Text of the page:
Military Wiki
5. Armee
5th Army
Stab eines Armeeoberkommandos.svg
Flag of the Staff of an Armee Oberkommando (1871–1918)
Active 2 August 1914 - 30 January 1919
Country  German Empire
Type Army
Engagements World War I

The 5th Army (German language: 5. Armee / Armeeoberkommando 5 / A.O.K. 5) was an army level command of the German Army in World War I. It was formed on mobilization in August 1914 seemingly from the VII Army Inspection. The army was disbanded in 1919 during demobilization after the war.[1]


In August 1914 the command of 5th Army was assigned to Crown Prince Wilhelm of Germany, heir to the Hohenzollern throne, with General Schmidt von Knobelsdorf serving as his Chief of Staff, and would remain thus until late 1916. The opening hostilities on the Western Front saw the Crown Prince's 5th Army, along with the neighboring 4th Army (commanded by Albrecht, Duke of Württemberg), acting at the center of the Schlieffen plan attack into Belgium and France. On 21 August 1914, in what became known as the Battle of the Ardennes, 4th and 5th Armies advanced into the Ardennes to counter a thrust by the French 3rd and 4th Armies. Over the next two days 5th Army played a major part in halting the opposing French forces. By 23 August, after taking heavy losses and being outmaneuvered strategically, the two French armies were driven into retreat. Following the German 5th Army's victory in the Battle of the Ardennes it moved to Verdun, where it would remain until 1918. In February 1916 the Crown Prince’s 5th Army would launch Operation Gericht, the German offensive that begun the Battle of Verdun, one of the bloodiest and longest battles in history. Late in 1916, after suffering terrible losses in its efforts at Verdun, General Max von Gallwitz assumed control of 5th Army. Before the close of the war 5th Army fought in several noteworthy actions, including the Battle of Saint-Mihiel, in September 1918, when it was defeated by the American Expeditionary Force under John J. Pershing. The Fifth Army continued to oppose the AEF's Meuse-Argonne Offensive until the Armistice of 11 November 1918. At the end of the war it was serving as part of Heeresgruppe Gallwitz.[2]

Order of Battle, 30 October 1918

By the end of the war, the 5th Army was organised as:

Organization of 5th Army on 30 October 1918[3]
Army Corps Division
5th Army 58th Corps (z.b.V.) 240th Division
15th Bavarian Division
52nd Division
31st Division
XXI Corps 13th Division
28th Division
107th Division
5th Bavarian Reserve Division
88th Division
115th Division
V Reserve Corps 123rd Division
1st Division (Austria-Hungary)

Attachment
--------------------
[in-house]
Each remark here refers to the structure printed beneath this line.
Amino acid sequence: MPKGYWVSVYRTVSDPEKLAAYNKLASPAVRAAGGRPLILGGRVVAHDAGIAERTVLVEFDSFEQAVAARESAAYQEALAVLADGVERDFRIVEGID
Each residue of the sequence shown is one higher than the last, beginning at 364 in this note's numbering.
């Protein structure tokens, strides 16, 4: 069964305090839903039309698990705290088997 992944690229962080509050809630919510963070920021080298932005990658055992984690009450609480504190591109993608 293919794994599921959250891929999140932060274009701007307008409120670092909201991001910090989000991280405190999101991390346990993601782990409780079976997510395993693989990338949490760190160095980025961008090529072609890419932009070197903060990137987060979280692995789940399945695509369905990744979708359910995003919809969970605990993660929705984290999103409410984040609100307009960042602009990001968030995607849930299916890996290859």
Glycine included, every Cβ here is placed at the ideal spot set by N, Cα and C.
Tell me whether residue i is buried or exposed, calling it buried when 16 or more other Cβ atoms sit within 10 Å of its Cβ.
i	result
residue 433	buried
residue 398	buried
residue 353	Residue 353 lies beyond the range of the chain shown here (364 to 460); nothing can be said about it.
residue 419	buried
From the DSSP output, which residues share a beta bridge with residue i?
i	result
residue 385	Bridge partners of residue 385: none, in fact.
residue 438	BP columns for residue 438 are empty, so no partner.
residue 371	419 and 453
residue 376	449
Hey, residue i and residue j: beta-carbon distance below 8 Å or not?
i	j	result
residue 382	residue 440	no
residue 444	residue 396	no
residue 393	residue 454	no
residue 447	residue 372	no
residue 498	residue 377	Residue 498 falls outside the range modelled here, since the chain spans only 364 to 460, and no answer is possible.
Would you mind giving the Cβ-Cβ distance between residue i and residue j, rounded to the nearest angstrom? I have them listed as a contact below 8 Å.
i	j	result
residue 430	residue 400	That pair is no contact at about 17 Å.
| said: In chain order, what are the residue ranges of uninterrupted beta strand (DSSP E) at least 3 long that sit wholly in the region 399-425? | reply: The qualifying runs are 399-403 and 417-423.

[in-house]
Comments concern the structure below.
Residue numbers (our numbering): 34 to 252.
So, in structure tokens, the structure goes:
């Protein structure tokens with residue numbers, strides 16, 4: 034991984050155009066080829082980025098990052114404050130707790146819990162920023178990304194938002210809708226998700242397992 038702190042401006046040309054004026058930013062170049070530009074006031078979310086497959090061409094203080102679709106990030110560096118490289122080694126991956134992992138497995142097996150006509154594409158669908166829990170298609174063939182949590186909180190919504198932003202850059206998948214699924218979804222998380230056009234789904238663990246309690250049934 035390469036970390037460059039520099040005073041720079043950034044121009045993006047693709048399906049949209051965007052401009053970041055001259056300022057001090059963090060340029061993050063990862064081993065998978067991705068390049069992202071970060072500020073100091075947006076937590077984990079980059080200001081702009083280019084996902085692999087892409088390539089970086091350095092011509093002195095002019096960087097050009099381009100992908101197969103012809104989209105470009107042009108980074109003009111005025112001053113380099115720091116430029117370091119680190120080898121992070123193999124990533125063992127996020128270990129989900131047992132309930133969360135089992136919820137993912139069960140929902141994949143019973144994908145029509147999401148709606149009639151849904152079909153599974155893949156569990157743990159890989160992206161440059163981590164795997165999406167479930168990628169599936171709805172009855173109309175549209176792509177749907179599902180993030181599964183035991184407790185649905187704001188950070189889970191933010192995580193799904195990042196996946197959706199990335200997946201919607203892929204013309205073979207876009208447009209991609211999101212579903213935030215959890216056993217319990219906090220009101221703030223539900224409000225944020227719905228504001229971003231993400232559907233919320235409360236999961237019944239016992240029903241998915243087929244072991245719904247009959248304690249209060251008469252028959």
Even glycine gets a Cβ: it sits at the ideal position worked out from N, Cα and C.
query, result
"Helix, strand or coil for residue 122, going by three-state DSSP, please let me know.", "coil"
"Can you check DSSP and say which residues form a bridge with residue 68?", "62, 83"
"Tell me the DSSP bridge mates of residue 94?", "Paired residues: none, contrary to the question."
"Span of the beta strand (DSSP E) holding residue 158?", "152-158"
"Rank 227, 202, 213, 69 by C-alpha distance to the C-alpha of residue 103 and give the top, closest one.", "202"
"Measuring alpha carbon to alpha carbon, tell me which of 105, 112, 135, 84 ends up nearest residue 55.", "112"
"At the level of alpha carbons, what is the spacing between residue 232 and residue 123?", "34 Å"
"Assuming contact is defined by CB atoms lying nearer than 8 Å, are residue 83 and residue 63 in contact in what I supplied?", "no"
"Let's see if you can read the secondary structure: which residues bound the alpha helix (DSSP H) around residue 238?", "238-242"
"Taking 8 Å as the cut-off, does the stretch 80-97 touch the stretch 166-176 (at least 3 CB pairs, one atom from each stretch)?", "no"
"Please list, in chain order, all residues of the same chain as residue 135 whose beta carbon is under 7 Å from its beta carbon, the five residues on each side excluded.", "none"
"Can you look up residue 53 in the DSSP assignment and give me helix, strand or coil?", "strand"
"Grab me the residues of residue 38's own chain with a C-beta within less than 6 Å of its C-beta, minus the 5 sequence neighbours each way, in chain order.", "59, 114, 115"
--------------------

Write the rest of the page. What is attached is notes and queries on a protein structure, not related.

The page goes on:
part of 106th Division (Austria-Hungary)
228th Division
192nd Division
41st Division
27th Division
117th Division
IX Reserve Corps 1st Landwehr Division
15th Division
XVIII Corps (Austria-Hungary) 33rd Division
32nd Division
106th Division (Austria-Hungary) (less elements)
37th Division
236th Division
20th Division
Moving to Armee-Abteilung C 45th Reserve Division


The 5th Army had the following commanders during its existence:[4]

5th Army
From Commander Previously Subsequently
2 August 1914 Generalmajor Wilhelm, Crown Prince of Germany Heeresgruppe Deutscher Kronprinz
27 January 1915 Generalleutnant Wilhelm, Crown Prince of Germany
30 November 1916 General der Infanterie Ewald von Lochow Maas Group East Placed on active reserve status[5]
17 December 1916 General der Artillerie Max von Gallwitz 2nd Army Heeresgruppe Gallwitz
concurrently from 1 February 1918
27 September 1918 General der Kavallerie Georg von der Marwitz 2nd Army Retired


  • Armee-Abteilung or Army Detachment in the sense of "something detached from an Army". It is not under the command of an Army so is in itself a small Army.[6]
  • Armee-Gruppe or Army Group in the sense of a group within an Army and under its command, generally formed as a temporary measure for a specific task.
  • Heeresgruppe or Army Group in the sense of a number of armies under a single commander.

See also


  1. Cron 2002, p. 394
  2. Ellis & Cox 1993, p. 187
  3. Ellis & Cox 1993, p. 187
  4. Cron 2002, p. 394
  5. The Prussian Machine Accessed: 5 February 2012
  6. Cron 2002, p. 84


  • Cron, Hermann (2002). Imperial German Army 1914-18: Organisation, Structure, Orders-of-Battle [first published: 1937]. Helion & Co. ISBN 1-874622-70-1. 
  • Ellis, John; Cox, Michael (1993). The World War I Databook. Aurum Press Ltd. ISBN 1-85410-766-6. 

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